Appellant/defendant was charged with the murder of his brother-in-law. The jury returned a verdict of guilty of voluntary manslaughter. He was sentenced to the custody of the Youthful Offender Division of the State Board of Corrections "for a term not to exceed six (6) years." From this verdict and sentence, his appeal was filed with this court. Held:
1. Defendant alleges that the court erred in permitting a member of the jury to transcribe, in shorthand, a portion of the court's recharge on the definition of the offenses of murder and voluntary manslaughter. After the jury had been charged and sequestered, it requested the recharge. The foreman asked the court if a member of the jury, a secretary, could "take this down in shorthand." The court had no objection and the record reveals that no one else voiced any objection.
Ordinarily the taking of notes by jurors during a trial is not considered to be error, and in the absence of special or unusual circumstances, the matter will be left to the discretion of the judge. Holcomb v. State, 130 Ga. App. 154
, 157 (4) (202 SE2d 529
). Our Supreme Court held in Gholston v. Gholston, 31 Ga. 625
, 638, that the sending of the written charge into the sequestered jury was "an unsafe practice." However, the later decision of Chattahoochee Brick Co. v. Sullivan, 86 Ga. 50 (6) (12 SE 216)
, held that where the charge is sent out with the jury if "no objection was made by counsel . . . we think it is no cause for a new trial." 86 Ga., p. 67. It is the duty of counsel to make seasonal objection to any matter deemed error or injurious to the rights of his client. The absence of objection indicates to this court his legal view at trial of the practice or procedure he observed and countenanced by his silence.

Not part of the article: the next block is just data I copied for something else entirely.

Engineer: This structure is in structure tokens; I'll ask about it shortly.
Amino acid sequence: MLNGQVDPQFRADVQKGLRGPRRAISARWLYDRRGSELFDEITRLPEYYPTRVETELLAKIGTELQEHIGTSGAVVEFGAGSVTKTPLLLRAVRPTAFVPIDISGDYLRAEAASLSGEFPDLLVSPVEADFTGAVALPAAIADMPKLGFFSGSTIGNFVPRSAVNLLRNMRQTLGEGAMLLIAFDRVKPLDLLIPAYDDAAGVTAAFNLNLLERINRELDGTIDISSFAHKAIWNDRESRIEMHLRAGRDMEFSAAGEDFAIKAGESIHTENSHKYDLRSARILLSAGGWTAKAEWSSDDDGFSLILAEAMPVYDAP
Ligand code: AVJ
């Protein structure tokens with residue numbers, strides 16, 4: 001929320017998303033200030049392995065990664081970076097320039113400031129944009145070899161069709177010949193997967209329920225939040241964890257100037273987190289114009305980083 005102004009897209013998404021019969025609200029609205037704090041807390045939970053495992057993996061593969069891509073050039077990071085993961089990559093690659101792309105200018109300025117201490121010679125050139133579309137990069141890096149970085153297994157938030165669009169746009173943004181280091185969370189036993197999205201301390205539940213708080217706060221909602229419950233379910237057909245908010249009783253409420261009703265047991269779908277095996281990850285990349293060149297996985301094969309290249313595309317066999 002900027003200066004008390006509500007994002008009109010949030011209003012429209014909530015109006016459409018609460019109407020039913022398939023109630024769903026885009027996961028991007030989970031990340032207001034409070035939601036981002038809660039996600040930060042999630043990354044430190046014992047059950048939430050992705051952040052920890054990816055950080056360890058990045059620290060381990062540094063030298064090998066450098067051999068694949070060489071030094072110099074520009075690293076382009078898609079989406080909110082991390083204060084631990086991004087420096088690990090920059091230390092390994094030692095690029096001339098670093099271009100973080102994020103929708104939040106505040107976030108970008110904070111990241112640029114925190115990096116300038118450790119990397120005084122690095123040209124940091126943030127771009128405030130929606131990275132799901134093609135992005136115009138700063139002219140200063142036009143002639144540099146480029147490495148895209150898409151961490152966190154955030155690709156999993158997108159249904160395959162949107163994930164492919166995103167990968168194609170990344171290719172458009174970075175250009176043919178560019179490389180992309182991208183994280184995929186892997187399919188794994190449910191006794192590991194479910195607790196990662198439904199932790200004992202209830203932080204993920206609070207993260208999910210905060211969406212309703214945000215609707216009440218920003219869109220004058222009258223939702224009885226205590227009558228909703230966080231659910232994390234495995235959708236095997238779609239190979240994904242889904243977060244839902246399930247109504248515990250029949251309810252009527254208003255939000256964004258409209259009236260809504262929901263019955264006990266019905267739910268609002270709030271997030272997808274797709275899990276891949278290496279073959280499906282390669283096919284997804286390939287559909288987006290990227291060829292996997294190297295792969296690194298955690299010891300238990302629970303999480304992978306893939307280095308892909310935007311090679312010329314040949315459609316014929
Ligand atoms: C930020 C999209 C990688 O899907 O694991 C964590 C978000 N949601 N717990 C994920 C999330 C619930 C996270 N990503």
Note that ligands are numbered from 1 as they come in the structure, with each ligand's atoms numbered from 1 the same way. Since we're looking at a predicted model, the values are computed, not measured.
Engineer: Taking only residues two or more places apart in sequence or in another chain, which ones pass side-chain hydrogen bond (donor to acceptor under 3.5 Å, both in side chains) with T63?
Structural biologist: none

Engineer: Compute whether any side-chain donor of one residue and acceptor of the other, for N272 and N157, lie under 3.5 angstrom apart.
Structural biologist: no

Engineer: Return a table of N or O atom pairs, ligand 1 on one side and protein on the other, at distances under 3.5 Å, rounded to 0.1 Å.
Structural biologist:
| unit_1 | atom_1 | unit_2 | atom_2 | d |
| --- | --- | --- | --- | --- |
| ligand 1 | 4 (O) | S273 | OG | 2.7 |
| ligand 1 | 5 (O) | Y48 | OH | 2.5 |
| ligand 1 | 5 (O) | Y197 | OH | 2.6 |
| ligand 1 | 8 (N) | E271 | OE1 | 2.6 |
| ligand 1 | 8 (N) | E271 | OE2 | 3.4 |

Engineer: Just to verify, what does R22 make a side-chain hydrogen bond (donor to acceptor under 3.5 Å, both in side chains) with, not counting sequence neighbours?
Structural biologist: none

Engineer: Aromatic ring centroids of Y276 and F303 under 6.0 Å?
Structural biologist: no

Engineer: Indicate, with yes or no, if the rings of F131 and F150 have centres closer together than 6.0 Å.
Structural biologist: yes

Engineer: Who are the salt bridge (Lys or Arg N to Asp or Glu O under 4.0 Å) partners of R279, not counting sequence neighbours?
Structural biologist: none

An enumeration of error complaining of admission of evidence or of documents going out with the jury presents nothing for decision by this court where no objection was made at the trial. Morris v. State, 200 Ga. 471 (1) (37 SE2d 345). Accord: McKay v. State, 200 Ga. 120 (3b) (36 SE2d 55); Smithwick v. State, 199 Ga. 292 (10) (34 SE2d 28).If counsel know of misconduct on the part of the jury during trial, they should bring the same to the attention of the court immediately, or it will be held to have been waived. Lyman v. State, 69 Ga. 404 (4). The procedure complained of here was waived by failure to object.
2. On May 13, 1974, counsel for defendant demanded "a list of the names of the witnesses upon whose testimony such charge is founded, and who were sworn and gave evidence thereon before the grand jury." Defendant was provided a partial list of witnesses who would be called by the state. Four witnesses were called and testified for the state whose names were not on the list provided. Defendant's objections to their testimony were overruled. He enumerates this as error.
Defendant was provided with a copy of the indictment, which had a partial list of the witnesses used, on July 13, 1974. The defendant and both of his counsel signed a statement on the indictment which reads: "The defendant John Alan White waives copy of Bill of Indictment and list of witnesses . . ." The defendant waived his right to the list of witnesses and the prosecution was entitled to rely on this waiver. Parr v. State, 117 Ga. App. 484 (1) (160 SE2d 865)
The defendant contended that they did not waive a list of the witnesses and so stated at the arraignment. The court recessed to examine the taped recording of the arraignment and found it to be inaudible. There being nothing in the record or transcript to rebut the written waiver, the presumption is that the trial judge properly discharged his duties. Dalton v. State, 127 Ga. App. 504 (2) (194 SE2d 268)
. We find this enumeration to be without merit.
3. The final enumeration of error requiring discussion asserts that the court entered a sentence which was unauthorized by law. We agree. The trial court sentenced defendant "to the custody of the Youthful Offender Division of the State Board of Corrections for a term not to exceed six (6) years." The defendant attained 25 years of age on January 20, 1974. Code Ann. 77-346 (g) (Ga. L. 1972, p. 592; 1973, p. 581; 1975, pp. 900, 901) defines a "youthful offender" to be a person "less than 25 years of age at the time of conviction." Defendant was over 25 years of age at the time of conviction and the record must be returned to the trial court for resentencing.
4. The remaining enumerations of error are without merit.
Samuel Brantley, District Attorney, for appellee.